Statement of Faith
Westmont College is a liberal arts college committed to Jesus Christ and belonging to the worldwide evangelical Protestant tradition. In that tradition, the college's trustees, administrators, and faculty participate in many different churches and with them confess such historic statements of the church as the Apostles' Creed and the Nicene Creed. In faithfulness to God, who is the source of truth, and under the authority of Scripture, we joyfully and humbly affirm the following articles of faith, which guide our learning, teaching, and living.
Articles of Faith
We believe in God
The Lord our God alone is God, holy and loving, revealing in creation and in Jesus Christ God's own power and glory, grace and mercy. The Lord our God alone is God, just and true, perfect in being and trustworthy in action.
The Lord our God is infinite and beyond imagination; our minds can never fully know God nor our hearts completely grasp his ways. The Lord our God is faithful and steadfast, unfailing in word and deed.
The Lord our God is Triune-one being in three persons-Father, Son, and Holy Spirit in co-equal, co-eternal communion. The Lord our God, Creator and Sustainer of all that is, redeems the world from its fallenness and consummates his saving work in a new heaven and a new earth.
. . . the Father, Son, and Holy Spirit
God the Father is the source of all that is good. He is Father to his eternal Son, Jesus Christ, and to all who are adopted as his sons and daughters through faith in Jesus Christ. He has sovereignty over us, affection toward us, and glory for us.
God the Son became incarnate in Jesus Christ-one person in two natures, fully human and fully divine-who was conceived by the Holy Spirit and born of the virgin Mary. In his life and in his death on the cross he conquered the powers of darkness, paid the penalty for our sin, and demonstrated God's love for the world. In his bodily resurrection his life and death are vindicated, and he is revealed to be the only judge and redeemer of the world. He intercedes for us now before the Father and will return in glory.
God the Holy Spirit is Lord and Life-Giver, the one who empowered Jesus Christ and who empowers his people to continue God's work today. God the Holy Spirit convicts us of sin, brings us to faith in Jesus Christ, and conforms us to the image of Christ. The Spirit inspired the authors of Scripture and guides the church in faithful translation and interpretation. The Bible, consisting of the Old and New Testaments, is God-breathed and true, without error in all that it teaches; it is the supreme authority and only infallible guide for Christian faith and conduct-teaching, rebuking, and training us in righteousness.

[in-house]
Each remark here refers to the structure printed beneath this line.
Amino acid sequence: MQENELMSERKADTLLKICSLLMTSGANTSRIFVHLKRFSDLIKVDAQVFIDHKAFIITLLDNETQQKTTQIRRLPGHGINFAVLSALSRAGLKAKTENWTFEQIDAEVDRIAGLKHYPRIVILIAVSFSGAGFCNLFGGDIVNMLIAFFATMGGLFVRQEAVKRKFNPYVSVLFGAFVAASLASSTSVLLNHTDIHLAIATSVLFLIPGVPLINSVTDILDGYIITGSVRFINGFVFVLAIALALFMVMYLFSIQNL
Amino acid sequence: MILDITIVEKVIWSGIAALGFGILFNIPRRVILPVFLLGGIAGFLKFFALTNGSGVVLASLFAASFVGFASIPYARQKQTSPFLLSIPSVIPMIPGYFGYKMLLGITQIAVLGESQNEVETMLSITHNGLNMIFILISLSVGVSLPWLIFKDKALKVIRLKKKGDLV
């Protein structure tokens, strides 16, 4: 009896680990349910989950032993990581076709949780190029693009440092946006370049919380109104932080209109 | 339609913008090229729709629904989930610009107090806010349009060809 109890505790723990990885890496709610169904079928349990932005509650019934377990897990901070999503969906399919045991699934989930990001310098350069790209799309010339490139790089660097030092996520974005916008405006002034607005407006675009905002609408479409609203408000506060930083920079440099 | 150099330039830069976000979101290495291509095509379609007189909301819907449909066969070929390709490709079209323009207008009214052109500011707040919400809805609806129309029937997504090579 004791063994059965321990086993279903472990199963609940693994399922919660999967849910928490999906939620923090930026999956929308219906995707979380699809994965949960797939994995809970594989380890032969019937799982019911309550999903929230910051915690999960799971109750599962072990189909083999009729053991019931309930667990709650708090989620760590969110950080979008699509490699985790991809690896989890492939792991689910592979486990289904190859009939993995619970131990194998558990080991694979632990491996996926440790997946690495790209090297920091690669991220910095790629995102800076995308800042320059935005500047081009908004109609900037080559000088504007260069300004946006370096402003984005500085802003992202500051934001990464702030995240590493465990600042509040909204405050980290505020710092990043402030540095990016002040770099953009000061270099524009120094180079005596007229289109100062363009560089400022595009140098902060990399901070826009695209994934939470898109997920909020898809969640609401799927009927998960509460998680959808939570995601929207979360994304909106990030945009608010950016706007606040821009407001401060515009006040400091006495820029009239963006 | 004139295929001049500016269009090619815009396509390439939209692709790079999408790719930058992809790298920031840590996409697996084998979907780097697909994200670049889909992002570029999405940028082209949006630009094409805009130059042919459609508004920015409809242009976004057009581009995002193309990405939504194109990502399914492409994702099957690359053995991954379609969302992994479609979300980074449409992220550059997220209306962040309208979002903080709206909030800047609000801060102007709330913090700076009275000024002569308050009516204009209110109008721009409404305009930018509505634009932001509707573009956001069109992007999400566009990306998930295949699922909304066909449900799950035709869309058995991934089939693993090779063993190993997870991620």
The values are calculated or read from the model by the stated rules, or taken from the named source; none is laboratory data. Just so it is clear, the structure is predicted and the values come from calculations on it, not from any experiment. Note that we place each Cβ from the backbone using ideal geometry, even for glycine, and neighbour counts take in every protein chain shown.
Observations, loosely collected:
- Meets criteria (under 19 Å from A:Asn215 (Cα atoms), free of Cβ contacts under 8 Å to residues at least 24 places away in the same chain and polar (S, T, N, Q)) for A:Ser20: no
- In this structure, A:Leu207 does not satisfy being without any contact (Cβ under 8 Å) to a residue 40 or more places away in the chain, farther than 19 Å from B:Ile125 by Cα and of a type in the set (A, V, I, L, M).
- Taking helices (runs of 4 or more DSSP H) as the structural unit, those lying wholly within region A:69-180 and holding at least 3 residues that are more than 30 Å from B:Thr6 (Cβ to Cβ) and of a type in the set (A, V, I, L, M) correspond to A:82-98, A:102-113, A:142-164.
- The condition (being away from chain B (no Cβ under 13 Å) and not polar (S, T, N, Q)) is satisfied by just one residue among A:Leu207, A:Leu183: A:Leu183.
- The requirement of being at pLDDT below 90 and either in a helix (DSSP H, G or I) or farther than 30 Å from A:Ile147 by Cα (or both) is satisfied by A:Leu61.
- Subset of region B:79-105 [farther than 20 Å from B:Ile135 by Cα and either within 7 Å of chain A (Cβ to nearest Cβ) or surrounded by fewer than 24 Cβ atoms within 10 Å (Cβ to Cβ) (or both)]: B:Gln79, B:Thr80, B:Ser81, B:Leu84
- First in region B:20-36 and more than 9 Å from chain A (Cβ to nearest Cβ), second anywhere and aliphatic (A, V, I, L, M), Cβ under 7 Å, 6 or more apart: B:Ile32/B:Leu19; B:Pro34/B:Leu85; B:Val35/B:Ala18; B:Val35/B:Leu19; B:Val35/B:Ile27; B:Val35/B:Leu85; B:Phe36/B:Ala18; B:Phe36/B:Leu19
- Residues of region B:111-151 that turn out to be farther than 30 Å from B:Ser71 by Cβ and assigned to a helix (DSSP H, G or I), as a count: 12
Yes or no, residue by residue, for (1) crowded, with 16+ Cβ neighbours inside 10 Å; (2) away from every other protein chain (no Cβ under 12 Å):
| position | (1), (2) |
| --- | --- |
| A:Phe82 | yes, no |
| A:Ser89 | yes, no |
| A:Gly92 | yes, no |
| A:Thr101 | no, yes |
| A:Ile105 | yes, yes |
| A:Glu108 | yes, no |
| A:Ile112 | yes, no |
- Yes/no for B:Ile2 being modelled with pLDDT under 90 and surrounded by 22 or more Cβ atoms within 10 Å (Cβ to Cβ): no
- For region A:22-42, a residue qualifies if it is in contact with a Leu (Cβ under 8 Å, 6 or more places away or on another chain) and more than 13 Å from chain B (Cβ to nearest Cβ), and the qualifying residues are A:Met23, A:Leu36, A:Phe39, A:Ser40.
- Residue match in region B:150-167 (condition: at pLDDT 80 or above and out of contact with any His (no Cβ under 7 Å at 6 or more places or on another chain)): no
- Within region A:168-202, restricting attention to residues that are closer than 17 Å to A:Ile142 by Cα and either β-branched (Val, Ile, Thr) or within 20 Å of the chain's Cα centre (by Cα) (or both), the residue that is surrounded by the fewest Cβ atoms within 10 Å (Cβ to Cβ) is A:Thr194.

. . . the Author of our salvation
God created humankind for unbroken relationship with God, one another, and the rest of creation. Through Adam's disobedience, we fell into sin and now suffer alienation and brokenness. The effects of sin are so pervasive that apart from God's grace we are lost and dead. Only by God's grace through faith in Jesus Christ are we saved and made alive.
In bringing us to faith in Jesus Christ, the Spirit incorporates us into the body of Christ, his church, the community of all believers in heaven and on earth. The church is called to bear witness to Christ among the nations by praising God, preaching the good news, discipling believers, healing the sick, serving the poor, setting free the oppressed, and caring for creation. The gifts and fruit of the Holy Spirit empower the church for this mission.
Jesus Christ will return one day in his glorified body to judge the living and the dead. Those who do not believe in him will be raised to suffer forever a just punishment. Those who believe in him will be transformed, their bodies raised imperishable and incorruptible, to live and reign with him forever in a new heaven and a new earth in which there will be all that is good and true and beautiful, but no sorrow, no tears, and no evil thing.
And so we pray: Come, Lord Jesus.
Even these declarations of faith do not define in detail what an individual Christian might believe in many important areas of doctrine and theology. Moreover, as a college seeking to serve evangelical Christians from many denominations, we feel less of an obligation to decide these various points in detail than we do to celebrate not only our unity in Jesus Christ but also our freedom to disagree, and to continue grappling in the many non-essential elements of our faith.